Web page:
key is the key used to store events in the database. It defaults to “snowplow”. The format for event storage is a Redis list of JSON strings.
You can flush the buffer of an emitter associated with a tracker instance
t like this:
This synchronously sends all events in the emitter’s buffer.
You can create your own custom emitter class, either from scratch or by subclassing one of the existing classes. The only requirement for compatibility is that is must have an
input method which accepts a Python dictionary of name-value pairs.
If you are using the synchronous Emitter and call a tracker method which causes the emitter to send a request, that tracker method will return the status code for the request:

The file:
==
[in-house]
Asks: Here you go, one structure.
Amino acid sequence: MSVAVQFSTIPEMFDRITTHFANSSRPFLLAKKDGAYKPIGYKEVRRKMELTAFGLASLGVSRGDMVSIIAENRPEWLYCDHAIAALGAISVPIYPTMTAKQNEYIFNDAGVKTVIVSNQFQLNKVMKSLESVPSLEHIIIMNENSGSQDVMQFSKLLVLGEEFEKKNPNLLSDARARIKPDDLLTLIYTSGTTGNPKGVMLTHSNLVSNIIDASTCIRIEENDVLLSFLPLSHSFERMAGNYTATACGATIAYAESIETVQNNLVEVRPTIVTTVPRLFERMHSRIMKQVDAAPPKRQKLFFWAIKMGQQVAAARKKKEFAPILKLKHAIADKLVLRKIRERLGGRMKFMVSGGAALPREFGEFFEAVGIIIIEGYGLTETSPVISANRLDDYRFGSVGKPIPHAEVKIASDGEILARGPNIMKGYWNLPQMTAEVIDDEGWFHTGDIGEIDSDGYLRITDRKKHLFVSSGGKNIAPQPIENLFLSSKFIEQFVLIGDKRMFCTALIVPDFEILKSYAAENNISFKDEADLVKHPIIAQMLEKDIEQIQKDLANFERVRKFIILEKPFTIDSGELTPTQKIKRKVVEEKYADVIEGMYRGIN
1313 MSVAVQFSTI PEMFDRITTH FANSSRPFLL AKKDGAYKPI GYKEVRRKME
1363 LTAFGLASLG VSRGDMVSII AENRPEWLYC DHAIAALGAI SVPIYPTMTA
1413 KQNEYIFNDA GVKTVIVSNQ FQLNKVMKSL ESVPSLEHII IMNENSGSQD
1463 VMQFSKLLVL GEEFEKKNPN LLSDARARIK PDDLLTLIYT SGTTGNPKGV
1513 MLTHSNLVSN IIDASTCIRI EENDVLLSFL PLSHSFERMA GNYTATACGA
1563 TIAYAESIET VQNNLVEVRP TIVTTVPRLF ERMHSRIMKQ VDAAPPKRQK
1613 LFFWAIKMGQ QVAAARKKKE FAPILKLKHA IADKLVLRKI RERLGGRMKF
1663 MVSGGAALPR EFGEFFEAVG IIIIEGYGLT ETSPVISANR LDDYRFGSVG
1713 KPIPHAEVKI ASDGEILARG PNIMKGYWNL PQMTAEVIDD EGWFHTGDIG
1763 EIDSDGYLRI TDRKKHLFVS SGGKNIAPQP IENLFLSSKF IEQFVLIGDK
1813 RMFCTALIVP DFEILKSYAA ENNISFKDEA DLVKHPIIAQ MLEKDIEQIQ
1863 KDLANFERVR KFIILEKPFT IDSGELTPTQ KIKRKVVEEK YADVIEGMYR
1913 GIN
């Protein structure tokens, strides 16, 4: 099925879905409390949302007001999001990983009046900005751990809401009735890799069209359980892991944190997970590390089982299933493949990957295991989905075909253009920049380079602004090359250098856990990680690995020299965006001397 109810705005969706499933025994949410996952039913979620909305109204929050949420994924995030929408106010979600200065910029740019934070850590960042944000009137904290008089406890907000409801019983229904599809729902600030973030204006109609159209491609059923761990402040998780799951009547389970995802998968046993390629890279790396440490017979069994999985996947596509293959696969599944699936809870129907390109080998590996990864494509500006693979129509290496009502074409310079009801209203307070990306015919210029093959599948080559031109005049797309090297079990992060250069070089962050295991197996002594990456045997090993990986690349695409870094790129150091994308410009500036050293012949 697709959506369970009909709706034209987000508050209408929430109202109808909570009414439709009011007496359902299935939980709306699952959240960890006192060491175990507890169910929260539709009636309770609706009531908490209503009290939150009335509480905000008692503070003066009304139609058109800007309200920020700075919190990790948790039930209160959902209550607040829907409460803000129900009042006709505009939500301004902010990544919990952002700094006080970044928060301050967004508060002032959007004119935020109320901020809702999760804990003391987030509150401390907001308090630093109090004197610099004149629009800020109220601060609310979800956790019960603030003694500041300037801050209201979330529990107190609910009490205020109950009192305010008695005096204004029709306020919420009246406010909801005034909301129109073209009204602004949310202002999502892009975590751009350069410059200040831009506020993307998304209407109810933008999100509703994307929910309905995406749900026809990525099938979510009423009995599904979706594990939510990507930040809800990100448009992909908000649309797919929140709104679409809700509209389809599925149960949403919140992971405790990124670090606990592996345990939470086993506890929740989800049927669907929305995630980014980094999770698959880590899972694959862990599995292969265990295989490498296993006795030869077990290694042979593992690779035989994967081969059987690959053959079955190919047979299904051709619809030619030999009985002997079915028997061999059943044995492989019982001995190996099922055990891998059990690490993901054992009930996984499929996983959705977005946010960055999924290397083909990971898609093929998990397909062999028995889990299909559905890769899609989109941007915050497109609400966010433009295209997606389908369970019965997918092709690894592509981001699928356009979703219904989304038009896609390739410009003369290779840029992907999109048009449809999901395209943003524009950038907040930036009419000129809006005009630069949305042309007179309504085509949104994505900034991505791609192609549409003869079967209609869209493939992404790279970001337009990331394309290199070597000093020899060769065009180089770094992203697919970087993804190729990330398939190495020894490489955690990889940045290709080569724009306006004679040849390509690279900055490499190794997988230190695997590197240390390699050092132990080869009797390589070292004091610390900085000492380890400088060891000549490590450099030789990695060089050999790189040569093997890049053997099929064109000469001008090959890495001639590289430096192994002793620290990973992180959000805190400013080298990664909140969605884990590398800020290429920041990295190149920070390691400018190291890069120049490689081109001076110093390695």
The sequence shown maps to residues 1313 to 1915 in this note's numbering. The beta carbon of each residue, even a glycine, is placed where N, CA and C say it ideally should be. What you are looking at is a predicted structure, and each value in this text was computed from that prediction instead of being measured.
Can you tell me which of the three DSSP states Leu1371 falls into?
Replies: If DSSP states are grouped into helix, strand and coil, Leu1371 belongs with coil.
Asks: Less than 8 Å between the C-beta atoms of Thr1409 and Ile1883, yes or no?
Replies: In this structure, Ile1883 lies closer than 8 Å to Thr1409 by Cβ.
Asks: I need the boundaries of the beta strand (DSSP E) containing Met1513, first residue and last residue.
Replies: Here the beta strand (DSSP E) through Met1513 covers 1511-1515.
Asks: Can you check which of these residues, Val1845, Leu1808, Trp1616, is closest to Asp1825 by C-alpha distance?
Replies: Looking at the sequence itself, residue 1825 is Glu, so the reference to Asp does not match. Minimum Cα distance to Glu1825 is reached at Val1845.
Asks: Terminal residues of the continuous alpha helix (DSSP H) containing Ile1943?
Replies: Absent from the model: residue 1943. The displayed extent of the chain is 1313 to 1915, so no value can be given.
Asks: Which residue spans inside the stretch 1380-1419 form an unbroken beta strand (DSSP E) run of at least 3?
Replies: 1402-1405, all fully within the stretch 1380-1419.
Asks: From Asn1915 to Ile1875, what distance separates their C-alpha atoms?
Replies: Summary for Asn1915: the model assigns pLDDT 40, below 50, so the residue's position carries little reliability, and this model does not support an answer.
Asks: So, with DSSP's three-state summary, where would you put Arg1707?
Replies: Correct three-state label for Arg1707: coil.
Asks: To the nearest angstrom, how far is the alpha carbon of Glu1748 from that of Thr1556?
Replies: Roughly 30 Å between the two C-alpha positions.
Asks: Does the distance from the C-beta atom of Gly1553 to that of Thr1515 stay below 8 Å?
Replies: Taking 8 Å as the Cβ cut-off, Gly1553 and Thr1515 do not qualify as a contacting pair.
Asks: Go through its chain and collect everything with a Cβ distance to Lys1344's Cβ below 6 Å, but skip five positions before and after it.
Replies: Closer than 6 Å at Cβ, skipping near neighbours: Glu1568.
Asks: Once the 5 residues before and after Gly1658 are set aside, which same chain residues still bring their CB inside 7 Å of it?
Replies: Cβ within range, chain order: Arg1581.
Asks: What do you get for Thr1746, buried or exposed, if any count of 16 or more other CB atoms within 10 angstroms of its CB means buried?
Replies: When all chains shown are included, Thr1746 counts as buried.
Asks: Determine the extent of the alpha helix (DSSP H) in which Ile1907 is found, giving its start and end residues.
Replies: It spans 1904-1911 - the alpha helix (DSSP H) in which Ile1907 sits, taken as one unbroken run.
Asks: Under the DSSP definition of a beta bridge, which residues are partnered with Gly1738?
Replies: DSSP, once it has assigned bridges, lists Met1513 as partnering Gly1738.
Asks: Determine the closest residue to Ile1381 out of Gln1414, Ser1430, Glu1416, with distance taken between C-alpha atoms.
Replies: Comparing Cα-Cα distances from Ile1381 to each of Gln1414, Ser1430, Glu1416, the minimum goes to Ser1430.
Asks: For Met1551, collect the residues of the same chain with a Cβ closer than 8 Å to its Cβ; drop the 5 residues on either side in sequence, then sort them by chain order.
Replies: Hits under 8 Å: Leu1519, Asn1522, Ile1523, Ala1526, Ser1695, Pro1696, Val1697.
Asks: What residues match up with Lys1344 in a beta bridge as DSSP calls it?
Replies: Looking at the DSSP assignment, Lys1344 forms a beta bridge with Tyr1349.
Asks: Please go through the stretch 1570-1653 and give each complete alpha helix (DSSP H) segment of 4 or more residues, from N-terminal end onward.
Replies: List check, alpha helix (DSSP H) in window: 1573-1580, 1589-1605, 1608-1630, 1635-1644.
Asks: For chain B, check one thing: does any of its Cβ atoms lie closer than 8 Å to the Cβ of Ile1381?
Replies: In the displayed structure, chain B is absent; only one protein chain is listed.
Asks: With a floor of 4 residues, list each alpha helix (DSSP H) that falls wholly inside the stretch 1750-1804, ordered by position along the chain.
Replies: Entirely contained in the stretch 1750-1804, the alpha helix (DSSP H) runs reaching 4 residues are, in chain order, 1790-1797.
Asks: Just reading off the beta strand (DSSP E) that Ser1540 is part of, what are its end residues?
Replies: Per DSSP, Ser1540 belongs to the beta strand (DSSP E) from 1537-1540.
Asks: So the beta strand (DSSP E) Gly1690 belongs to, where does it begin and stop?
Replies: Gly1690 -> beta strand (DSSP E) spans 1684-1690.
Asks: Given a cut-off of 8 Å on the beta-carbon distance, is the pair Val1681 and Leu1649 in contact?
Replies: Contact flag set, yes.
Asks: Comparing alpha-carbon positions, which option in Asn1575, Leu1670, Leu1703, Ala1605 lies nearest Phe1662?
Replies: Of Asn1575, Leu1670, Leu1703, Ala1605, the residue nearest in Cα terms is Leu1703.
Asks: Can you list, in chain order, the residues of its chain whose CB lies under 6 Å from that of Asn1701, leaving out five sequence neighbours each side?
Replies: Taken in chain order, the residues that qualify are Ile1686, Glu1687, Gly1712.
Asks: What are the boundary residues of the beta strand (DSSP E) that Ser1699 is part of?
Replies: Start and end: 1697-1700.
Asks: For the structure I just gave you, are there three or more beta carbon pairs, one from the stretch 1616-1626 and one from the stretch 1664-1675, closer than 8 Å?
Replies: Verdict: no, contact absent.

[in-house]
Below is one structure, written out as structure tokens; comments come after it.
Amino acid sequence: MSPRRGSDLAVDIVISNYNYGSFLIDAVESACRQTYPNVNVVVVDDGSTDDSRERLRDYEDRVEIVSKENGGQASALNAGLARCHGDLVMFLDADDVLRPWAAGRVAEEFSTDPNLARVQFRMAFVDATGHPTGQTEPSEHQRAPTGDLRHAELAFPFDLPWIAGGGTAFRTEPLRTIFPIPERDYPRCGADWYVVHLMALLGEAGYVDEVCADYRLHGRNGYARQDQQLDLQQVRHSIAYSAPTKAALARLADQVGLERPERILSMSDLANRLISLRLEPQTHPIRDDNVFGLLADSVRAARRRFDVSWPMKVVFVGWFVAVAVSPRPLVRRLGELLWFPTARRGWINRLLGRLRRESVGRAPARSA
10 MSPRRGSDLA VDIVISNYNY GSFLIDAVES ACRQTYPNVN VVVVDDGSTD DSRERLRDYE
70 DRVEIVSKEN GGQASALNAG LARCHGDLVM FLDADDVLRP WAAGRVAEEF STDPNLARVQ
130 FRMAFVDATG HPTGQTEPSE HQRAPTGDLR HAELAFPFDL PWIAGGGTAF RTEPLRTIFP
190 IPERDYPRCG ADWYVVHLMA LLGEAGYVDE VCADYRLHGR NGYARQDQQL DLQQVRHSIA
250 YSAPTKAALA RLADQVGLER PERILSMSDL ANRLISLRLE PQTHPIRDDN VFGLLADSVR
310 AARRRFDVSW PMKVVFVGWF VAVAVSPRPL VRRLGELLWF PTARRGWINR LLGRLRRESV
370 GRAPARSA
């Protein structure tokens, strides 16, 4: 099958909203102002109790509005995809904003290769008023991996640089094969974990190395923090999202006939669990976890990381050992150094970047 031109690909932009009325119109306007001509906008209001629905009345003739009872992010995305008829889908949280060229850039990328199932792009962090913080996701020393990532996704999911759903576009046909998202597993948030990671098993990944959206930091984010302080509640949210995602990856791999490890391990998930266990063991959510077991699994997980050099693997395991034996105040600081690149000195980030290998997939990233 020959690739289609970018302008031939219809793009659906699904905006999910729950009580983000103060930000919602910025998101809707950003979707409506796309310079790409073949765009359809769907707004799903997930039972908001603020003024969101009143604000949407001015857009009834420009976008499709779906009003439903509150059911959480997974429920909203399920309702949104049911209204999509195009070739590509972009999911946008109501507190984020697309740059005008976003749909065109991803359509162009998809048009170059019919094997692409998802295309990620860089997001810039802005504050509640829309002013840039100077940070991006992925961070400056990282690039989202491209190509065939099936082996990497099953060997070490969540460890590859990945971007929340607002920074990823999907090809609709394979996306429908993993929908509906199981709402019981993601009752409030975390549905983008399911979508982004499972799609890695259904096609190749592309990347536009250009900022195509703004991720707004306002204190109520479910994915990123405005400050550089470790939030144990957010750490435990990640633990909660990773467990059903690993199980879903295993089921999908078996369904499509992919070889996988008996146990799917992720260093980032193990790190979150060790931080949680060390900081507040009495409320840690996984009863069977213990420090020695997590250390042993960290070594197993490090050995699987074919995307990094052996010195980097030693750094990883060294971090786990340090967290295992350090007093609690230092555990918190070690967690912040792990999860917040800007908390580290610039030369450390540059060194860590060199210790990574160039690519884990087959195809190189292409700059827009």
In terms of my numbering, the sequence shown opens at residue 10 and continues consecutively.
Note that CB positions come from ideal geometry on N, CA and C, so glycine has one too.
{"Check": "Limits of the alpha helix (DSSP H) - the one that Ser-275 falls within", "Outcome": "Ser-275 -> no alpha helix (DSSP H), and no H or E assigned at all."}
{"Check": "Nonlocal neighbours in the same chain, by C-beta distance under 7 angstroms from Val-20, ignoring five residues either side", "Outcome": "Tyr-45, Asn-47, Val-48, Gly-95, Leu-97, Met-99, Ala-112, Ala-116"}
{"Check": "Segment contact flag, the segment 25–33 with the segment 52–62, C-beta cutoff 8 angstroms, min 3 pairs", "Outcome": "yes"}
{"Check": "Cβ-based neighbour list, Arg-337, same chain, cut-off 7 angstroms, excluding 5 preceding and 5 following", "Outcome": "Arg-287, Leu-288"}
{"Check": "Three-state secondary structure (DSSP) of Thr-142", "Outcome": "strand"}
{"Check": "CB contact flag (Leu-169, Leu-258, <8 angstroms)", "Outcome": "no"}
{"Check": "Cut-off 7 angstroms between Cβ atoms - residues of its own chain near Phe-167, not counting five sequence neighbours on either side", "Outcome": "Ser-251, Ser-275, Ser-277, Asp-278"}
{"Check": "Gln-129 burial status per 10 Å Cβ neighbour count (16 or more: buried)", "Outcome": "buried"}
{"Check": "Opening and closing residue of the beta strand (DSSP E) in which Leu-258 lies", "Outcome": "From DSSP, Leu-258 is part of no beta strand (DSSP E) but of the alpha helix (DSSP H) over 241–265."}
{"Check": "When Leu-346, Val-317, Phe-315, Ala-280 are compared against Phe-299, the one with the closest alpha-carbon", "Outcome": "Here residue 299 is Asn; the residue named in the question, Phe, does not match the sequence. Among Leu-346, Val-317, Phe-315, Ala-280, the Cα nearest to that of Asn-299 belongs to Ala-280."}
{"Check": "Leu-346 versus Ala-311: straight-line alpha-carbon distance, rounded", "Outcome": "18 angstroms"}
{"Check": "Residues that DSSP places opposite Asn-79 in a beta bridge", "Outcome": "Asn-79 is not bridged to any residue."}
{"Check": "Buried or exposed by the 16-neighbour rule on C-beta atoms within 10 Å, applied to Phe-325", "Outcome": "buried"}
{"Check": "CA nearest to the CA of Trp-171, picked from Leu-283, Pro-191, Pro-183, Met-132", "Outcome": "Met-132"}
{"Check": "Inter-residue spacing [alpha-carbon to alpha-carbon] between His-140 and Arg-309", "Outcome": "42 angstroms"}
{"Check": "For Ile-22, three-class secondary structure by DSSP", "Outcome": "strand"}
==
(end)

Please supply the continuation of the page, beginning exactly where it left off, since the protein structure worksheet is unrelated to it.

This is useful for initial testing.
Otherwise, the tracker method will return the tracker instance, allowing tracker methods to be chained:
set_subject method will always return the Tracker instance.
The emitters.py module has Python logging turned on. The logger prints messages about what emitters are doing. By default, only messages with priority “INFO” or higher will be logged.
To change this:
The Snowplow Python Tracker uses the Pycontracts module for type checking. The option to turn type checking off has been moved out of Tracker construction:
Switch off Pycontracts to improve performance in production.
The tracker comes with a RedisWorker class which sends Snowplow events from Redis to an emitter. The RedisWorker constructor is similar to the RedisEmitter constructor:
This is how it is used: